The first Australian artists werec all Europeans. William Strutt, an English artist same to Melbourn just before the Gold Rush (1850). He provides us one of the earliest views of a colonial Australian family. The O’Mullane family had five children after their marriage (1840). Artists have provided some wonderful images of nature (the Outback). Alexander Schramm painted wonderful imges of ythe Outback in the 1850s. It was man's taming of nature during the 19th and early-20th centuries that was the focus. As might be expected, this was a theme also exceptionally addressed by two countries with similar experiences with nature--America and Russia. Two Australian artists, Arthur Streeton (1867-1943) and Tom Roberts (1856-1931) established an artist camp at Box Hill (near Melbourne) and later Heidelberg which has become the name of their school. Some children appear in their paintings as they were of course a part of the settlement of Australia.
Artists have provided some wonderful images of nature (the Outback). Schramm painted wonderful images of the Outback in the 1850s. He was a sculptor, painter, lithographer and of all things a matress maker. Alexander was born in Berlin (1814). His father was a book seller. Alexander trained at the Berlin Academy of Arts. He lived for time in Warsaw, at the time part of the Tsarist Empore (1838-44). He also spent some time un Italy. He migrated to Australia (1849). We do not know why, but the date is significant, a time when many liberal oreinted people dispaired of a future in Germany. His spent 15 years in South Australia. His output was rather modet, but is of importance because there are so little artistic work during the period. We know very little about Schramn, but he provides some of the few images of the colonial outback, including sympathetic images of both the settlers and Aboriginies. 'Bush visitors' here is a good example (figure 1).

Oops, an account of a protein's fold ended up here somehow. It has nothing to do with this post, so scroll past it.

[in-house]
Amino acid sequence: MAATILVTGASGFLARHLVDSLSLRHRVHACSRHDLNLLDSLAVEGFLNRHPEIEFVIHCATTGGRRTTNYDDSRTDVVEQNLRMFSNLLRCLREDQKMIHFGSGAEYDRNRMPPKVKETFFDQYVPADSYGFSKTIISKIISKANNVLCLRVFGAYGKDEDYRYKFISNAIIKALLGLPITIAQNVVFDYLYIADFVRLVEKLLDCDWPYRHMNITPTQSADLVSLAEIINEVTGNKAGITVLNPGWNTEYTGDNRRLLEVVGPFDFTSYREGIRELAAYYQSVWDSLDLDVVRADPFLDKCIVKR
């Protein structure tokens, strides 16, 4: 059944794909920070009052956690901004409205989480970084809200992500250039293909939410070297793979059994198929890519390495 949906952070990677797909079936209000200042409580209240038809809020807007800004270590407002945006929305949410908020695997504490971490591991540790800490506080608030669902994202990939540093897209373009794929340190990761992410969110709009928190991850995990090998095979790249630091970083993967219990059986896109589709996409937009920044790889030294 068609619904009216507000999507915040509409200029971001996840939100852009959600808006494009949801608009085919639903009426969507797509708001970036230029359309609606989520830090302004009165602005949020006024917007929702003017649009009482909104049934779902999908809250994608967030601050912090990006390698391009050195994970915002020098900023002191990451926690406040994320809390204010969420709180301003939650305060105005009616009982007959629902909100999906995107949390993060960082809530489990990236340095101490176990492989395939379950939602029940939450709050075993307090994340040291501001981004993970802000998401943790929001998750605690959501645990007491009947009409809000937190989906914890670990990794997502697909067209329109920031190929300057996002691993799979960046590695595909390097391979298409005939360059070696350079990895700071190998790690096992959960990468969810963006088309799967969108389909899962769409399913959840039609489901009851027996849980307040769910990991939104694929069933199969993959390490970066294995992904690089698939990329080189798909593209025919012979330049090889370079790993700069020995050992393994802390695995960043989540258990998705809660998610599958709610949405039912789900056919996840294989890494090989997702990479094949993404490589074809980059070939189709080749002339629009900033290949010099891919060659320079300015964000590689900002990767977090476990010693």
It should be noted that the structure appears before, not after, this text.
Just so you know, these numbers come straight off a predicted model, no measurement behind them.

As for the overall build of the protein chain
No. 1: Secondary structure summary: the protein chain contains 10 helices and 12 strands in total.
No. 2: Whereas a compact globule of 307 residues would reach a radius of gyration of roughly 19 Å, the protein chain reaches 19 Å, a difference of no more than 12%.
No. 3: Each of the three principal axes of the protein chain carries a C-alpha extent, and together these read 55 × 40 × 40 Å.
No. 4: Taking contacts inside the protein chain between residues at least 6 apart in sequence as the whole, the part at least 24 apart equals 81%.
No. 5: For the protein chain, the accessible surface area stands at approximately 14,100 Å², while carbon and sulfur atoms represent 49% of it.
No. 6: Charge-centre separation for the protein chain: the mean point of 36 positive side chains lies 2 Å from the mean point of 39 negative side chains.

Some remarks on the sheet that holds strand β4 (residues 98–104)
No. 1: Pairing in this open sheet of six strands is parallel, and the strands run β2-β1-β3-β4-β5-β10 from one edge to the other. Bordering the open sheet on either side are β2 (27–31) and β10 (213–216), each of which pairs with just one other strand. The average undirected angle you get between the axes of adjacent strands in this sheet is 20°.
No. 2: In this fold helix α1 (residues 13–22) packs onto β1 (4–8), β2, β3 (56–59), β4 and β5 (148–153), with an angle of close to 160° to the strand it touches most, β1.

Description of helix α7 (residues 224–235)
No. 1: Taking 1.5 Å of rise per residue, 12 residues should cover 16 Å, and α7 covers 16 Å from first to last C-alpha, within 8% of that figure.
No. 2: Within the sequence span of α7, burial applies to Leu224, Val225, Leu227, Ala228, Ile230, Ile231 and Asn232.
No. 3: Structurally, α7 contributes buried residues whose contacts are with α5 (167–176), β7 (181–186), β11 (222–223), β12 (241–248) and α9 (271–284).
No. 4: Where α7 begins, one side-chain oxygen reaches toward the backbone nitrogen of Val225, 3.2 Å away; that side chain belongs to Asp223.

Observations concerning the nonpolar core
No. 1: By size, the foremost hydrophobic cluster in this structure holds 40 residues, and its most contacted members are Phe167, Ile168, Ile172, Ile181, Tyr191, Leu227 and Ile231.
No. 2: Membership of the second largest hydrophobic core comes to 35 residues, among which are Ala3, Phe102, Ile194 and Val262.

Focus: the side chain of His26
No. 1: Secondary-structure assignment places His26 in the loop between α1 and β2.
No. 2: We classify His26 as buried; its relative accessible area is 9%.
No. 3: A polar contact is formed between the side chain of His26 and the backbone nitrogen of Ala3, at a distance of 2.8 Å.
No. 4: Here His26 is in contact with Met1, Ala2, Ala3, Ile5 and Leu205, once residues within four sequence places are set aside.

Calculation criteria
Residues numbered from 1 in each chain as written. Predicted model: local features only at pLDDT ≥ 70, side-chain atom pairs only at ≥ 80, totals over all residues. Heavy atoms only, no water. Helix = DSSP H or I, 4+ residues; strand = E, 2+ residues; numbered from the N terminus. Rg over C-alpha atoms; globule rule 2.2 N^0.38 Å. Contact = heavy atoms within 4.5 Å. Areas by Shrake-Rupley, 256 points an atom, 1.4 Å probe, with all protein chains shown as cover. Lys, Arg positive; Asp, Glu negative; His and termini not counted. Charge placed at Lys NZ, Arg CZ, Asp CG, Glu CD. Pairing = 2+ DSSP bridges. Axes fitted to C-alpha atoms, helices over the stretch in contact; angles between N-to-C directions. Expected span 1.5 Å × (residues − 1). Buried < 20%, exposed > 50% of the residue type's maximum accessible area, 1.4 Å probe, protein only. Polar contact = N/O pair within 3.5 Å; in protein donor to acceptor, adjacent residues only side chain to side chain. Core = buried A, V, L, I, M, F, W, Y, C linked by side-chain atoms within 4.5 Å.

Arthur Streeton (1867-1943) was one of two Australian artists who established an artist camp at Box Hill (near Melbourne) and later Heidelberg which has become the name of their school.